Agouti genetics (Ag) are a fascinating, or frustrating, thing. If you like WYSIWYG (what you see is what you get), Ag Shetland sheep can be frustrating, because they change dramatically in appearance from lambhood to adulthood - and often from season to season! But if you like change, Ag Shetlands are fun to watch.
Take Rechelle, my Ag gray ewe. When I bought her I was thinking WYSIWYG (obviously hadn't learned much yet about Shetland genetics!). Light gray fleece (although her breeder did say she has spots that show up when she's sheared), black legs and face with attractive light circles around her eyes and muzzle. Beautiful fleece, too, don't you think?
By the time Rechel started her springtime transformation, I had learned more and knew changes were coming. Here's Rechel in the spring, looking faded in face and legs and scraggly in fleece. (I was hoping to roo her wool but it didn't fully cooperate.)
Rechel's daughter Bella is also an Ag gray. Having her from birth has been a fascinating journey, and I've been told we're far from done! At birth she was a strikingly beautiful (hence her name) black lamb with white spots. But those telltale "sugarlips" gave her graying genes away, and it didn't take long to start seeing changes. Within weeks I could see white wool growing in at her roots, and she started showing katmollet markings (lighter around her eyes and muzzle). Then her face and legs started fading, just like her mother's did.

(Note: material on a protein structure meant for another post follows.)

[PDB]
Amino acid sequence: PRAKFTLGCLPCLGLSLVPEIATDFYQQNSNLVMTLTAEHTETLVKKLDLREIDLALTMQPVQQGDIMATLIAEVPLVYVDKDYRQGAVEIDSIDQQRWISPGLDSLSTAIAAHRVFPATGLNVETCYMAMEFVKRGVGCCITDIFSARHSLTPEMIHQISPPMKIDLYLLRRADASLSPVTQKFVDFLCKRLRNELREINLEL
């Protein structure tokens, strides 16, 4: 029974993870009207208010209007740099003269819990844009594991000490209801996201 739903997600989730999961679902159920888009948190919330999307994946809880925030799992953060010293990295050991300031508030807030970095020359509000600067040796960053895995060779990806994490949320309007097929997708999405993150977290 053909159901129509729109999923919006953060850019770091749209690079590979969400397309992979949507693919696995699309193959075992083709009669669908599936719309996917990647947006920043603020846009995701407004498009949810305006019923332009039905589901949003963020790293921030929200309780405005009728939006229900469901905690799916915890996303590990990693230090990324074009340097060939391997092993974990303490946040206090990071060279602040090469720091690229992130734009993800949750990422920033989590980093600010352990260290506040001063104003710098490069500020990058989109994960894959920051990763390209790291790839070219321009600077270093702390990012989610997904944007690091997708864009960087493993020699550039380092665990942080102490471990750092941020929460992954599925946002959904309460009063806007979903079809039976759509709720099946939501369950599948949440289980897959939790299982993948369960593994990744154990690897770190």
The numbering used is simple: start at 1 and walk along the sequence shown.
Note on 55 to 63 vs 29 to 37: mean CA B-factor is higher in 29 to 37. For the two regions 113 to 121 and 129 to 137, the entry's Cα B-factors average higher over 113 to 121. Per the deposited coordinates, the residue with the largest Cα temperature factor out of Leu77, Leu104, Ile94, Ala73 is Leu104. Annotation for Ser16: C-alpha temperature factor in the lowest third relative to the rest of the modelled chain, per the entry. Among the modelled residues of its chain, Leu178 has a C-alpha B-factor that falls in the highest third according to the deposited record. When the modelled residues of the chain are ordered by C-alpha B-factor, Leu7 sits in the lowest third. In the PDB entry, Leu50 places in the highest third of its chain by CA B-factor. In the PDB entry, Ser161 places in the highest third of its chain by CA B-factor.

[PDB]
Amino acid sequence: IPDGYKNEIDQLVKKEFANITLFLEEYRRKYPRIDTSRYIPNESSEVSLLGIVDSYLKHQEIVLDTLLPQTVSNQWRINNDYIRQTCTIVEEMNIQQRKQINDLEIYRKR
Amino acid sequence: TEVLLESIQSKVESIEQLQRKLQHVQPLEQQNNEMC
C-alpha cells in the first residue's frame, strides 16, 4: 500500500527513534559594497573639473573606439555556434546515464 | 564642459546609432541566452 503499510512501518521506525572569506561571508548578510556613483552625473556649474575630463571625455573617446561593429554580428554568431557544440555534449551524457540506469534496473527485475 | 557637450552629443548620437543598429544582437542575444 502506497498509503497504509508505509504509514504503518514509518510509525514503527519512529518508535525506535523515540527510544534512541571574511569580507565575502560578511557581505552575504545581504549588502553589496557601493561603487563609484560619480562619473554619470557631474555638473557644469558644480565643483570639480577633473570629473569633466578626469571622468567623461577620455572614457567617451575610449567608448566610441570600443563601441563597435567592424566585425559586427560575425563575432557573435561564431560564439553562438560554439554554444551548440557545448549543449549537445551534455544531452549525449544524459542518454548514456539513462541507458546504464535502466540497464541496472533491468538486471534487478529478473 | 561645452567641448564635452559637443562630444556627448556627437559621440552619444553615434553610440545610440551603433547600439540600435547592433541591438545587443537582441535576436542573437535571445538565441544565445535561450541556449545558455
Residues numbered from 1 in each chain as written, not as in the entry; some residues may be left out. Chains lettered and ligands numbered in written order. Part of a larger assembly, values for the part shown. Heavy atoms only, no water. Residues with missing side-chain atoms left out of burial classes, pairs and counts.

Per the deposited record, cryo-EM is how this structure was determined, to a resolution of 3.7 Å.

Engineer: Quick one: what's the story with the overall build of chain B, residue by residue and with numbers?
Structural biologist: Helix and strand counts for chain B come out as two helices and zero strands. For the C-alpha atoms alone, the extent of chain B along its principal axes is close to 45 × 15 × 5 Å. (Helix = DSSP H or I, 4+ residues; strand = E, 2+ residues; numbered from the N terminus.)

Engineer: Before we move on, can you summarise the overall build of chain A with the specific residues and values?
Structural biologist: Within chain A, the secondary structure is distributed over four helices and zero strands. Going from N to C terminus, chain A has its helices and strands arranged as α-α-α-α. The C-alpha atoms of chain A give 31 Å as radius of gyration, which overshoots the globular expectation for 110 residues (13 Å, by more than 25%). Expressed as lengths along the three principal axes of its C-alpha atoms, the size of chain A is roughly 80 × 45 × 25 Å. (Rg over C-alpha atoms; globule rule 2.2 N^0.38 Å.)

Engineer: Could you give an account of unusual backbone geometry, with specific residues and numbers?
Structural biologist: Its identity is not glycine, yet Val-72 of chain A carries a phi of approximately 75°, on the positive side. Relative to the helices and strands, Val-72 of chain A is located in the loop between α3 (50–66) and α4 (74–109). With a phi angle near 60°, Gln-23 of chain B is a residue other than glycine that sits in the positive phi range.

I thought she was going to change quickly to a very light gray fleece like her mom. But no - at least, not yet. One day as I was scratching and petting her, I parted her fleece to find steely gray growing in at the roots! I looked further, and found that she was still white at the roots where her white spots had been, lighter gray at the roots in some areas, and that steely gray at the roots along her back. Wow - tri-colored locks! I'm going to have to get into fiber arts, just to be able to use and appreciate Bella's once-in-a-lifetime lamb's fleece if I still have her at Boulderneigh next spring.